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Desperate Times Produce Desperate Thinking

A penny saved may be a penny earned. But don’t count on it still being worth the same amount when you want to spend it – especially if Harvard economist Kenneth Rogoff gets what he wants.

As the Federal Reserve does everything it can to dump new money into the economy, many people, myself included, are convinced that we are headed toward a period of potentially serious inflation. Most of those people are equally convinced that inflation is a bad thing. It is, after all, one of the two ingredients in the so-called misery index.

In recent comments, however, Rogoff has advocated intentionally creating “moderate inflation of, say, 4 to 6 percent for several years.” In an opinion piece in the Financial Times, he acknowledged that his proposal might be anathema to some, but said “a once-in-75-year crisis calls for outside-the-box measures.”

The idea behind the inflationary solution is to get people out of debt by effectively reducing the amounts they owe. A $100,000 mortgage stays a $100,000 mortgage, but if a government can churn up a 4 to 6 percent inflation rate, that $100,000 becomes a smaller amount relative to the cost of other goods and wages. According to Rogoff, the main issue facing our economy is “a huge overhang of debt,” so anything that helps debtors pay back what they owe for less is a good thing.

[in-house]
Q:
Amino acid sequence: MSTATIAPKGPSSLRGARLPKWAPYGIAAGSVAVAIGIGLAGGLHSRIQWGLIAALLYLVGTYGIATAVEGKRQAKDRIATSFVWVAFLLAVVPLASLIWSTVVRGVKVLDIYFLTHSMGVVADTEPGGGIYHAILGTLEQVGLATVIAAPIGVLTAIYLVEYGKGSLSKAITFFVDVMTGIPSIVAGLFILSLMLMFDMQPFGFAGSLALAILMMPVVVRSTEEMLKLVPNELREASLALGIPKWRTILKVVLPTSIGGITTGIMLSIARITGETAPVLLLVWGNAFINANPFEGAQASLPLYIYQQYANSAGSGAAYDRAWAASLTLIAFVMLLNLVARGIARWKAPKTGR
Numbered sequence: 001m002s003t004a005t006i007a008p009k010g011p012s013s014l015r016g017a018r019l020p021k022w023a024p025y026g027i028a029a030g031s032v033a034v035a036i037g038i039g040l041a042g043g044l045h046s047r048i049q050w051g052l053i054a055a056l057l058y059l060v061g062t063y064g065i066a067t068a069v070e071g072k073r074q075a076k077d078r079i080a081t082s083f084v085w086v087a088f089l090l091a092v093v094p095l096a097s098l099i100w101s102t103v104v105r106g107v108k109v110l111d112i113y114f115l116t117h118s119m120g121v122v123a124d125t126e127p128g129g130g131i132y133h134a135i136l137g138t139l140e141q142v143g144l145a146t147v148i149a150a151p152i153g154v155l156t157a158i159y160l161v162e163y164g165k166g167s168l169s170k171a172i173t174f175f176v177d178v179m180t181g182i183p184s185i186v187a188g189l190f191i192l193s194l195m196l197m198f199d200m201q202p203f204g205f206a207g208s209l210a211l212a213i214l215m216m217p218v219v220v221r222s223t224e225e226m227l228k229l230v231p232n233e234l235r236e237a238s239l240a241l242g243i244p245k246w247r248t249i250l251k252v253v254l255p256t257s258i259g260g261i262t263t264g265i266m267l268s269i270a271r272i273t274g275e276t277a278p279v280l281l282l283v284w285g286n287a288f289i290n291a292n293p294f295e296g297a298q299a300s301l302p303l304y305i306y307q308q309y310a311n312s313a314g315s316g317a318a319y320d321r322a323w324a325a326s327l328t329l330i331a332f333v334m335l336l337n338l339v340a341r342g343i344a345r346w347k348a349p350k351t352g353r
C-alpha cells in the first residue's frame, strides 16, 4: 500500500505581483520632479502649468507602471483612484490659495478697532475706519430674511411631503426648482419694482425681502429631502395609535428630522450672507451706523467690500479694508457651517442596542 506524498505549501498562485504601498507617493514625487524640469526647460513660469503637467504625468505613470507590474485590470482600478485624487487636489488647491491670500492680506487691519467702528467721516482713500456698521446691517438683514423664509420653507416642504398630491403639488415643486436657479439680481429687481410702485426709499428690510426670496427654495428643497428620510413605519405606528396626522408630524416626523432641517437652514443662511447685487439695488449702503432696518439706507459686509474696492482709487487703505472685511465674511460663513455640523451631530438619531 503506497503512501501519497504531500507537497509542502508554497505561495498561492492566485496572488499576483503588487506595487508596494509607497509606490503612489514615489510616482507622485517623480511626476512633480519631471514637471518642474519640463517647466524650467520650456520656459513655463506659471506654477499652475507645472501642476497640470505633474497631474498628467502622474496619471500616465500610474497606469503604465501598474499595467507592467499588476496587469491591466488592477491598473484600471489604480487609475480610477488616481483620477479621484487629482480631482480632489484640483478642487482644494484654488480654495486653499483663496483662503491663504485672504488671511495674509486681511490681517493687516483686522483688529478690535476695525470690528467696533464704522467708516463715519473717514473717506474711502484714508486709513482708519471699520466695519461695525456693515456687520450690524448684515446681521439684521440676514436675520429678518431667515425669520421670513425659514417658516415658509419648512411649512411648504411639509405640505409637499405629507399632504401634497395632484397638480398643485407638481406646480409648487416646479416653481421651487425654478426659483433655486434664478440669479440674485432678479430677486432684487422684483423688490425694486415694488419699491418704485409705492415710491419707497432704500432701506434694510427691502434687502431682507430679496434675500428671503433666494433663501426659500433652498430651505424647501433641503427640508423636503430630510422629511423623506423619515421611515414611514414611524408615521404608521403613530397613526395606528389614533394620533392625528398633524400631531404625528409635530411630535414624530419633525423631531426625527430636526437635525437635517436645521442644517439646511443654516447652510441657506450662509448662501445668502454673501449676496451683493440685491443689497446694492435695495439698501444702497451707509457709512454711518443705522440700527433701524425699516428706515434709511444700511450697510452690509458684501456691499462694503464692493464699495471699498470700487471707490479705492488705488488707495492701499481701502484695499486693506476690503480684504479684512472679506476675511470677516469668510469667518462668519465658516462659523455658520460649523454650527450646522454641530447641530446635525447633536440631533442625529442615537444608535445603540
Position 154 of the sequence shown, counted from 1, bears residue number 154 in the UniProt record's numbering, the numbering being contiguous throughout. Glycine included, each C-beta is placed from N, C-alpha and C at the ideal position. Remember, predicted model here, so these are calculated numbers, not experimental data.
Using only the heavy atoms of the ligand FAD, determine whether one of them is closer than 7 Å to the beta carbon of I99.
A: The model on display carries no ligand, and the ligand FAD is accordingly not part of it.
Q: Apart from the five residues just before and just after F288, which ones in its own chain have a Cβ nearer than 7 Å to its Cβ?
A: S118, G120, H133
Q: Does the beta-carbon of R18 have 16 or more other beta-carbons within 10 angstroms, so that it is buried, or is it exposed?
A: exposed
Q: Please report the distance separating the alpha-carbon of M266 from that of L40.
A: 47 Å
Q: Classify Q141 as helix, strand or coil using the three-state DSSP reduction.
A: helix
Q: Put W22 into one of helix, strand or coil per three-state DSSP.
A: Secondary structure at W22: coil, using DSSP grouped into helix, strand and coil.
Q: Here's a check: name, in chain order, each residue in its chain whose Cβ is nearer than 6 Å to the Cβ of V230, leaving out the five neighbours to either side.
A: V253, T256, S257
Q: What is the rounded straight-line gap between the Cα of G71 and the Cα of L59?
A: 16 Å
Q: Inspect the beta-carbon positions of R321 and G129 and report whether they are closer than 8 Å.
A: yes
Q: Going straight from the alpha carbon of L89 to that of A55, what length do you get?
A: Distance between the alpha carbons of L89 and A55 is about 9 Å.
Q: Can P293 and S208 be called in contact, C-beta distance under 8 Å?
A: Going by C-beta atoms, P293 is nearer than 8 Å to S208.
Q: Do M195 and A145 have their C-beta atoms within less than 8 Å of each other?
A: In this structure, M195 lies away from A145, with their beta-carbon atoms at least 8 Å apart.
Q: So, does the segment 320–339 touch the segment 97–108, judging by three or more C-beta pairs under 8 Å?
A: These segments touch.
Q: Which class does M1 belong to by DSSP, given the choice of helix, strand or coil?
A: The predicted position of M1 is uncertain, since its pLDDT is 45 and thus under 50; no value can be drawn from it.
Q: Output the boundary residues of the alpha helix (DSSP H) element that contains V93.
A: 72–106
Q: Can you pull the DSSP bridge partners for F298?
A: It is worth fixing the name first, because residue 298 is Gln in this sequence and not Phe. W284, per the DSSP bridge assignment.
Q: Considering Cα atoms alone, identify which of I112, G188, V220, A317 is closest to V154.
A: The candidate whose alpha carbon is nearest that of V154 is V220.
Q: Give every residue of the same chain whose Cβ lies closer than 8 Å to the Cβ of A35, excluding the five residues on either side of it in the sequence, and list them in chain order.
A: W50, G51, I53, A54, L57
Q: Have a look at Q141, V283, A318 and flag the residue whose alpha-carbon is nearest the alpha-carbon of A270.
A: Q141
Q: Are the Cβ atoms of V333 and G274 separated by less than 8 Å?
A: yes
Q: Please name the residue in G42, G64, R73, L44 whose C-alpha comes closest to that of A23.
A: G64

Rogoff’s view has been a particularly hot topic in the financial press, since he is generally known as a conservative thinker. As recently as 2008, he specifically rejected the idea of temporary inflation as salve for personal debt, writing in the Financial Times, “However convenient it may be to have several years of elevated inflation to help bail out homeowners and financial institutions, the gain has to be weighed against the long-run cost of re-anchoring inflation expectations later on.”

What Rogoff recognized then, and seems to have forgotten now, is that what goes around comes around. When debtors pay less, creditors get less back.

Back when banks operated as banks, rather than as government-backed hedge funds, savers deposited their money in the bank in exchange for a reasonable rate of interest. Banks would then lend that money to borrowers at higher rates of interest. Borrowers accepted those rates, either because they were willing to pay a premium to have money now rather than later, or because they believed they could get an even higher rate of return themselves. Banks made their profit on the spread between what they paid depositors and what they charged borrowers.